So the conference season is all over for another year. I have had a bumper crop of conferences and have been a very lucky man to attend and present and learn.

 

OUGN – The Boat – a 2 day conference on a ship. We’re all in it together, and nobody can sneak off after the last talk and avoid the party as we are all in the middle of the sea. So much fun, and the less said of me finding myself in a corridor at 1.30am, wearing only a sm… [redacted on public decency grounds]

 

------------------------------------------------------------------------------------

POUG – Pint with Oracle User Group Poland in Warsaw lived up to its name. So many good parts to it; tables of beer, way too much vodka, great organization but the engagement of the audience was the highlight for me.

 

 

 

 

 

 

 

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bgoug_group

BGOUG-Great location, group shot

BGOUG – Bulgaria’s twice yearly conference. This one was in Pravets, an hours drive from Sofia. I cannot sing the praises of this conference highly enough. Beautiful location. Kind-of like being at a family wedding with added learning and less fights ūüôā

 

 

 

 

 

 

 

 

------------------------------------------------------------------------------------

DOAG – Flew straight from Sofia to Nuremberg to the biggest Oracle conference in Europe. Extremely good conference on the outskirts of a lovely city. So much to opportunity to learn, it was amazing.

 

 

 

 

 

------------------------------------------------------------------------------------

 

 

UKOUG РObviously the very best conference in Europe, but I am biased as  I help to organize this conference. This year I took a larger role leading the team pulling together the Database agenda, which was about 1/3 of the total content of Tech16. Lots of hard work, but it payed off with a bumper crop of speakers from Oracle, over 60 ACEs, a list of excellent topics and only a couple of room allocation problems where we got a bigger audience than we expected (but fortunately none in my streams)

 

As well as helping Organize UKOUG Tech16, I also run several 1-day community events each year as the Chairman of the UKOUG Special Interest Group (SIG) for RAC, Cloud, Infrastructure and Availability.

ukoug_communities

UKOUG Communities Meet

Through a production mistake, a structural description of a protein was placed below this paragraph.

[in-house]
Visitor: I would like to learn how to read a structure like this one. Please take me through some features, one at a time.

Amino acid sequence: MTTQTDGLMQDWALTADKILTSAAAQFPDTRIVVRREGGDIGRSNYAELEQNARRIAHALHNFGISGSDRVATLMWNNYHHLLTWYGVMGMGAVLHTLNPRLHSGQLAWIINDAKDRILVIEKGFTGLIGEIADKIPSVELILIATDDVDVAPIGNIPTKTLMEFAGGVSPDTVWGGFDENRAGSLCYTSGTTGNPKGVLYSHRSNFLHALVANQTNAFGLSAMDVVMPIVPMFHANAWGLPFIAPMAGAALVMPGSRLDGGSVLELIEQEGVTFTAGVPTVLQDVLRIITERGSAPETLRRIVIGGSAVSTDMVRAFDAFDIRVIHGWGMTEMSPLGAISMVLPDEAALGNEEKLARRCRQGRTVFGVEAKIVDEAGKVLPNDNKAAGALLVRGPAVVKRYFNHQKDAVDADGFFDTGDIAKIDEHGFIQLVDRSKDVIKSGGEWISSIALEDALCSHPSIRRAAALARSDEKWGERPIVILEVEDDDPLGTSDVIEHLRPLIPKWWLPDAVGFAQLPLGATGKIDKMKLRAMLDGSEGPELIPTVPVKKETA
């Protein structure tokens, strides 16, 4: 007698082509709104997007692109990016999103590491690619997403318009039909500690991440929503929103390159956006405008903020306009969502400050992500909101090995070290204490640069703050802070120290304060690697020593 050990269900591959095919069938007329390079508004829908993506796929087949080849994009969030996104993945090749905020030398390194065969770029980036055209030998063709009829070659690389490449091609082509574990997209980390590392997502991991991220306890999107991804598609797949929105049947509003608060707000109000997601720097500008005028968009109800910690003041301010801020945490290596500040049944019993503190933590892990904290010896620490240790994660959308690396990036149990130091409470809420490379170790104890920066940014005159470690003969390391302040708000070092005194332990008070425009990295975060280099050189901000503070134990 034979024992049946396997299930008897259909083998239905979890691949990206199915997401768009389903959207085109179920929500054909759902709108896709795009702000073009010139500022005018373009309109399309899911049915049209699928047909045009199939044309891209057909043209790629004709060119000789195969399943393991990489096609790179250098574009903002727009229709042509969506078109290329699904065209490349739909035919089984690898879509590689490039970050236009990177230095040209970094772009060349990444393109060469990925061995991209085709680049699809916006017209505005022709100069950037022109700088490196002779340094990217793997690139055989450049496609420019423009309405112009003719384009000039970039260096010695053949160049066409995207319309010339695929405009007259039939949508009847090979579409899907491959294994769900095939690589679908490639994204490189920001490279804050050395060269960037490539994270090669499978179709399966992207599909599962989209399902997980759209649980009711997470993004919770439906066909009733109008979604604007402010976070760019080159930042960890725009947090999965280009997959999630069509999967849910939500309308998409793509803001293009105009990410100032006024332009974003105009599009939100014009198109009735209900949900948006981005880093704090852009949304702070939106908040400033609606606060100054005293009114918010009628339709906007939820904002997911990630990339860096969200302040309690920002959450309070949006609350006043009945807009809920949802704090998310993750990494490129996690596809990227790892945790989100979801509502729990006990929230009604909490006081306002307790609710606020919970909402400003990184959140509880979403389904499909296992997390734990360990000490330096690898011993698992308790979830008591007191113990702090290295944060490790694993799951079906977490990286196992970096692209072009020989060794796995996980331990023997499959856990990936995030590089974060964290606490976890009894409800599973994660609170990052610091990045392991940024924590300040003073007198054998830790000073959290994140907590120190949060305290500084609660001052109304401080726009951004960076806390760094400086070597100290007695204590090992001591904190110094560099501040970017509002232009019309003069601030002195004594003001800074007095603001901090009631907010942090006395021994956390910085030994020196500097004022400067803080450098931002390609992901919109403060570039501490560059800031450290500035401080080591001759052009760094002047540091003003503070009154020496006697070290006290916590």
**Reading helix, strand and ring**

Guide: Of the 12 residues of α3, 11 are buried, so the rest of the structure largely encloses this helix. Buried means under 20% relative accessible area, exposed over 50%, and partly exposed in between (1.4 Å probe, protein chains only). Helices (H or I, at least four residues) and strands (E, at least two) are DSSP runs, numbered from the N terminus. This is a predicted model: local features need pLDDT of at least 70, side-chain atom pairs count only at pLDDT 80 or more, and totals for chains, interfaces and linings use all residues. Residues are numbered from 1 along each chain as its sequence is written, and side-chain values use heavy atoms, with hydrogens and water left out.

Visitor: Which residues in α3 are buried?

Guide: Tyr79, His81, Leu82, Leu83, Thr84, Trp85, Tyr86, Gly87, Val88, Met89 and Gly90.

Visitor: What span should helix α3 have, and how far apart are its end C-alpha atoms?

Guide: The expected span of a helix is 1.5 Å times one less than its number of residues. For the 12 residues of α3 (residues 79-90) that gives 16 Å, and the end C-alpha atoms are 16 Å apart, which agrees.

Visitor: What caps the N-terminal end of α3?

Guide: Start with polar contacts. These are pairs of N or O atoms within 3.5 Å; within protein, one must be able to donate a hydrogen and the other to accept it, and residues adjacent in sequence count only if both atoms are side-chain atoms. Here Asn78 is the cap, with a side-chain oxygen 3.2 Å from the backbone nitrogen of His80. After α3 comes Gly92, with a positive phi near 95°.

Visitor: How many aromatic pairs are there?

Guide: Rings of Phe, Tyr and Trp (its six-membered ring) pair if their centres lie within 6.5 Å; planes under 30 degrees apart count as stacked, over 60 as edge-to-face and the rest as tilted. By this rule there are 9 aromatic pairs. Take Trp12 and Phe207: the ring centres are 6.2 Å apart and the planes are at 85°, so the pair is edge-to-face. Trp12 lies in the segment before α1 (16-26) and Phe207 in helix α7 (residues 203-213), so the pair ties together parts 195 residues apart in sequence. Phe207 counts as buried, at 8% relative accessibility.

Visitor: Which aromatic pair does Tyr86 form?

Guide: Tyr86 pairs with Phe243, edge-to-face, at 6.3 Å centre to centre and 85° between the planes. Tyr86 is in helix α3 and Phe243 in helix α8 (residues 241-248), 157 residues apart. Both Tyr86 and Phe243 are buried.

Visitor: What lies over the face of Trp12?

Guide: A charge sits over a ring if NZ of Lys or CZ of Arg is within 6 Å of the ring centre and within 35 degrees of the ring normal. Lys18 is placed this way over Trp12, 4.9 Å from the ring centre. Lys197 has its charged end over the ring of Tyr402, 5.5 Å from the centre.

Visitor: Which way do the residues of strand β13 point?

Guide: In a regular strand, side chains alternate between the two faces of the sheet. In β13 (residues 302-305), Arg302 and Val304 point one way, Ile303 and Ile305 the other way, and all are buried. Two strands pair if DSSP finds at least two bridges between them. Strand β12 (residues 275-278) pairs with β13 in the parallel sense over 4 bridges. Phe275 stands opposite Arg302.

At the UKOUG we have a “communities” evening, with beer, wine and nibbles for a couple of hours. I also bring a bottle of whisky for people to taste (I like whisky) and several other speakers and delegates also brought favoured bottles, including Belgian and German Whisky. The German stuff was great!

ace-dinner

UKOUG Ace Dinner

I’d like to thanks all of the organizers, speakers and delegates for making the UKOUG and all of the other conferences for letting me attend, speak, learn and have a wonderful time this year.

Finally, thank to Jennifer and the Oracle ACE Program for helping all of our communities, big and small, to hold these events and provide Prawn Toast and Thai Green Curry at the UKOUG ACE Dinner ūüėõ

 

 

I hope see all you in Ireland in March!

 

Call for Papers – UKOUG 2017 SIGs

All,

The time has come for me to plan the upcoming 2017 UKOUG Special Interest Groups.

I am chairman of the RAC, Cloud, Infrastructure and Availability (RAC-CIA) SIG and I’m after presentations for the 3 joint SIGs we will be putting on with the RDBMS SIG, plus the stand-alone SIG will we will having in the autumn.

A SIG is a single day one-or-two stream conference which we take around the UK to make it as accessible for UKOUG members and non-members alike (NOTE: there is a charge for non-members)

This year we are looking at running:

Thursday 23rd February – RDBMS + RAC, London 2 streams
Thursday 27th April – TBC: Northern Day – RDBMS + RAC + ? , Manchester (probably)
Thursday 15th June – 12.2 Themed event – TVP Reading – 2 stream event RDBMS + RAC
Wednesday 27th September – RAC-CIA SIG, London 1 stream